What does the Lord do with these people? He saves the innocent woman; He does justice for her. He forgives the sinful woman. He condemns the corrupt judges; He helps the hypocrites to convert and He says before the people: “Yes, really? Let him who is without sin among you be the first to throw a stone at her,” and one by one they went away. The Apostle John is somewhat ironical here: “When they heard it, they went away, one by one, beginning with the eldest.” He gives them a bit of time to repent; He doesn’t forgive the corrupt man, simply because the corrupt one is incapable of asking for forgiveness, he went beyond. He got tired . . . no, he didn’t get tired: he isn’t capable. Corruption has taken away from him that capacity we all have to be ashamed, to ask for forgiveness. No, the corrupt person is sure, he goes forward, destroys, exploits people, as this woman — everything, everything . . . he goes forward. He has put himself in God’s place.

And the Lord answers the women. He frees Susanna from these corrupt men; He makes her go forward. And to the other, He says: ”Neither do I condemn you; go and do not sin again.” He lets her go and He does so before the people. In the first case, the people praise the Lord; in the second case, the people learn, they learn how God’s mercy is. Each one of us has his own stories. Each one of us has his own sins. And if he doesn’t remember them, he must think a bit and he will find them. Thank God if you find them, because if you don’t find them, you are a corrupt person. Each one of us has his own sins. We look at the Lord who does justice but is so very merciful. Let us not be ashamed to be in the Church; let us be ashamed of being sinners. The Church is Mother of all. We thank God that we are not corrupt, but we are sinners. And each one of us, seeing how Jesus acts in these cases, must trust in God’s mercy. And pray, with trust in God’s mercy; pray for forgiveness. Because God “leads me in paths of righteousness for His name’s sake. Even though I walk through the valley of the shadow of death — the valley of sin — I fear no evil; for Thou art with me; thy rod and thy staff, they comfort me.”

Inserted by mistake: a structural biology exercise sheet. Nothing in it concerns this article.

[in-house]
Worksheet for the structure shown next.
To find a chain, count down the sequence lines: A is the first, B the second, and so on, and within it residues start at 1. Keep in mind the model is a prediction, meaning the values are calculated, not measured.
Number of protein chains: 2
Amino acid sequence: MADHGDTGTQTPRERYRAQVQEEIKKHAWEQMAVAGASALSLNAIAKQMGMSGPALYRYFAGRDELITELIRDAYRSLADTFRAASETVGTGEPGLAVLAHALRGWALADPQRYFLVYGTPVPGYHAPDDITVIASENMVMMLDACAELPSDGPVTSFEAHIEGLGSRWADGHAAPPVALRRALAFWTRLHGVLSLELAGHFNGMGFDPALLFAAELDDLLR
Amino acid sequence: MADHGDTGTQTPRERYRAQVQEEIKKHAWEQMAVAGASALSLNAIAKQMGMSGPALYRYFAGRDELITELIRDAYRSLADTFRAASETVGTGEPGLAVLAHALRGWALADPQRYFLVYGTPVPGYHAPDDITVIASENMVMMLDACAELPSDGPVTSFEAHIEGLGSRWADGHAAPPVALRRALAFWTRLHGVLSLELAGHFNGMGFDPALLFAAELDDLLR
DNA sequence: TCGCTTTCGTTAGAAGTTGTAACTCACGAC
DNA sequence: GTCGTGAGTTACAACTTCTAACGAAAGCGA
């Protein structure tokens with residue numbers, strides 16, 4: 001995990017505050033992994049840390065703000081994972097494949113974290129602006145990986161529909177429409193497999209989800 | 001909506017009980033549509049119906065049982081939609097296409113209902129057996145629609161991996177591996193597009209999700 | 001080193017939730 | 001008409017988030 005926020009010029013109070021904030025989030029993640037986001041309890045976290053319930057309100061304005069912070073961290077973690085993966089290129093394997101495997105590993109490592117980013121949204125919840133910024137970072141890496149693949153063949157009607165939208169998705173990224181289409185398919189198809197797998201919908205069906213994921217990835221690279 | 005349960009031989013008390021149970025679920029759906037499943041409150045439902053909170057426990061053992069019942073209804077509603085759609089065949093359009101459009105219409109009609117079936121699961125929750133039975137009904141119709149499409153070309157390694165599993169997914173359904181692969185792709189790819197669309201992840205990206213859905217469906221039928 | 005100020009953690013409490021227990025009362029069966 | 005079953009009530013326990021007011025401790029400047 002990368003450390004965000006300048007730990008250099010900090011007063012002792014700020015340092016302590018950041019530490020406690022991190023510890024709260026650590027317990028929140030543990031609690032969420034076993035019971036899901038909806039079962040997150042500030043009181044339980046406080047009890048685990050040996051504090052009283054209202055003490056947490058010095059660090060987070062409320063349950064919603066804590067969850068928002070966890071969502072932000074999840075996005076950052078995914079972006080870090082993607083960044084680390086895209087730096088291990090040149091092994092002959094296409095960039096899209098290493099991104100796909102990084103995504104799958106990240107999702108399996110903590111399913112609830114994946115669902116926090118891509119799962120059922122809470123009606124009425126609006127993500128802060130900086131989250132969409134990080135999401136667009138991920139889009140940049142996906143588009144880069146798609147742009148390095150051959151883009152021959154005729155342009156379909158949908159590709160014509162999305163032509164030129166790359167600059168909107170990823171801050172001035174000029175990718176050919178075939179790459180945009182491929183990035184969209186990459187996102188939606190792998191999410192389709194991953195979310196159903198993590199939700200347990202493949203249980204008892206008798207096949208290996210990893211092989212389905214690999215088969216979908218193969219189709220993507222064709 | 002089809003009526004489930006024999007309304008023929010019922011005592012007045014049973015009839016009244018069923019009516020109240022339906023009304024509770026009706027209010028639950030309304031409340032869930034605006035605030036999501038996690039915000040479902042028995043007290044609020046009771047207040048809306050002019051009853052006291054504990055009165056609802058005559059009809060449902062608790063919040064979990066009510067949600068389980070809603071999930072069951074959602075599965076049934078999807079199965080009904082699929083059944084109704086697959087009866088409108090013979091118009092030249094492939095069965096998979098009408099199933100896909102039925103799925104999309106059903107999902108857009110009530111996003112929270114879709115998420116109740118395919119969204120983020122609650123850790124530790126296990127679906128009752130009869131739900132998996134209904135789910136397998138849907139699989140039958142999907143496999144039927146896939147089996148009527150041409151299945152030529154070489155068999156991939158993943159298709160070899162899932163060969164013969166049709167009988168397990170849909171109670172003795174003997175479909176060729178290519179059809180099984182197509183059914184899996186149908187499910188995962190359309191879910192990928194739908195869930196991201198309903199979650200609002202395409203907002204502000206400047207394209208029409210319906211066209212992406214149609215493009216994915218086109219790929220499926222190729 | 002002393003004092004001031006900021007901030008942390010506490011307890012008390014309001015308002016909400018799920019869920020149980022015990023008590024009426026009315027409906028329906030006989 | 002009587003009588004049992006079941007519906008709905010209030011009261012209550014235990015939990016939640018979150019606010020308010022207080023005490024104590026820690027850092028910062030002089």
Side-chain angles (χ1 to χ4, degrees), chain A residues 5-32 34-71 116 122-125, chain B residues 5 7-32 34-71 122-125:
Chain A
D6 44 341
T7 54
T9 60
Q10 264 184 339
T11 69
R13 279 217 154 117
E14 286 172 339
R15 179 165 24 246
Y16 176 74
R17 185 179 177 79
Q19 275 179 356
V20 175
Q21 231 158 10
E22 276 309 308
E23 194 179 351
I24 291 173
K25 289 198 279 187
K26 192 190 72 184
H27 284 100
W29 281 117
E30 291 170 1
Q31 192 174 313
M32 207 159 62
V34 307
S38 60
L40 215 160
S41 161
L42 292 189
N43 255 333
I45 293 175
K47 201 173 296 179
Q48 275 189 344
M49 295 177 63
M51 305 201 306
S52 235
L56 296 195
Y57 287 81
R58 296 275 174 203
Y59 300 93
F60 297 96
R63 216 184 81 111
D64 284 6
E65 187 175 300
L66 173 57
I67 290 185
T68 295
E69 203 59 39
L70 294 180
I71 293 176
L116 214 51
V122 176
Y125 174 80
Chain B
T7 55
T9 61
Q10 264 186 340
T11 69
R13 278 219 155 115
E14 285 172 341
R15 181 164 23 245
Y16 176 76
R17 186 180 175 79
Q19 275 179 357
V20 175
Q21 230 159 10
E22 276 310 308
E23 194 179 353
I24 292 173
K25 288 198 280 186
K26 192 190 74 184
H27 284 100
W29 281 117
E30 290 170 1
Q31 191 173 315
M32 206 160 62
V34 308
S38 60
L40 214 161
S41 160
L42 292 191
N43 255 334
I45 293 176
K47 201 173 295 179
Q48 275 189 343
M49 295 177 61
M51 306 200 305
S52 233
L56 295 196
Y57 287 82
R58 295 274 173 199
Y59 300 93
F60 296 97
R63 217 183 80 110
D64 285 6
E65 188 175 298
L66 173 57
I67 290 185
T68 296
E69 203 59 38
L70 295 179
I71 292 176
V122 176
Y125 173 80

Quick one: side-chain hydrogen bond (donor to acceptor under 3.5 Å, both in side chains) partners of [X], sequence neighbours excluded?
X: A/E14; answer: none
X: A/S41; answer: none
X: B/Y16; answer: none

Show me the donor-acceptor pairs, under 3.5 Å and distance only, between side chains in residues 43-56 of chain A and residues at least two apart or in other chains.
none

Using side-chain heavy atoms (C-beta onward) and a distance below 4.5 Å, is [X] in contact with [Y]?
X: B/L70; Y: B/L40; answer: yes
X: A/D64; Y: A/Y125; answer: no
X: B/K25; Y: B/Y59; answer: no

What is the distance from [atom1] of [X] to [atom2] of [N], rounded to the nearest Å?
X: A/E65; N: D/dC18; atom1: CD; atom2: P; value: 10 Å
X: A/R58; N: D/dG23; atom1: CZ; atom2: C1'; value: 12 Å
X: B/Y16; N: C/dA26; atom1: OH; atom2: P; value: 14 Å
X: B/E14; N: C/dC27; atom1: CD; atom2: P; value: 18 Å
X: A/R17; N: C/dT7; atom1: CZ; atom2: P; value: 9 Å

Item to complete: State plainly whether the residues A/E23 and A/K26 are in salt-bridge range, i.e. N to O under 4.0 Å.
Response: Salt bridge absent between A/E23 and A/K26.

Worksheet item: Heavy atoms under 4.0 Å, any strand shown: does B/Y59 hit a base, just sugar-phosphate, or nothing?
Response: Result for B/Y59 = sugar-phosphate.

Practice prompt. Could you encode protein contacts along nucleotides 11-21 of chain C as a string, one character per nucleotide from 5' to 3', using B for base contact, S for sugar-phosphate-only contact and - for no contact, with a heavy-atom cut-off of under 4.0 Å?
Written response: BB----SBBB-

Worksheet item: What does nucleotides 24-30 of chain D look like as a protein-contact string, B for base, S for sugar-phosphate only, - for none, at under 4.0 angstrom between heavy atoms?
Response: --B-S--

The Pope ended the celebration with Eucharistic Adoration and Benediction, inviting the faithful to make a Spiritual Communion.

Here is the Prayer Recited by the Pope

I prostrate myself at your feet, O my Jesus, and I offer You the repentance of my contrite heart, which abases itself in its nothingness in Your holy Presence. I adore You in the Sacrament of your Love, the ineffable Eucharist. I desire to receive You in the poor abode that my heart offers You; while waiting for the happiness of Sacramental Communion, I want to possess You in Spirit. Come to me, O my Jesus, that I may come to You. May your Love inflame my whole being in life and in death. I believe in You, I hope in You, I love You. Amen.

Before leaving the Chapel dedicated to the Holy Spirit, the ancient Marian antiphon Ave Regina Caelorum (“Hail Queen of Heaven”) was intoned.

[ZENIT translation of Pope Francis’ full homily at Santa Marta]

 

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Deborah Castellano Lubov

Deborah Castellano Lubov is Senior Vatican & Rome Correspondent for ZENIT; author of 'The Other Francis' ('L'Altro Francesco') featuring interviews with those closest to the Pope and preface by Vatican Secretary of State Cardinal Parolin (currently published in 5 languages); Deborah is also NBC & MSNBC Vatican Analyst. She often covers the Pope's travels abroad, often from the Papal Flight (including for historic trips such as to Abu Dhabi and Japan & Thailand), and has also asked him questions on the return-flight press conference on behalf of the English-speaking press present. Lubov has done much TV & radio commentary, including for NBC, Sky, EWTN, BBC, Vatican Radio, AP, Reuters and more. She also has contributed to various books on the Pope and has written for various Catholic publications. For 'The Other Francis': http://www.gracewing.co.uk/page219.html or https://www.amazon.com/Other-Francis-Everything-They-about/dp/0852449348/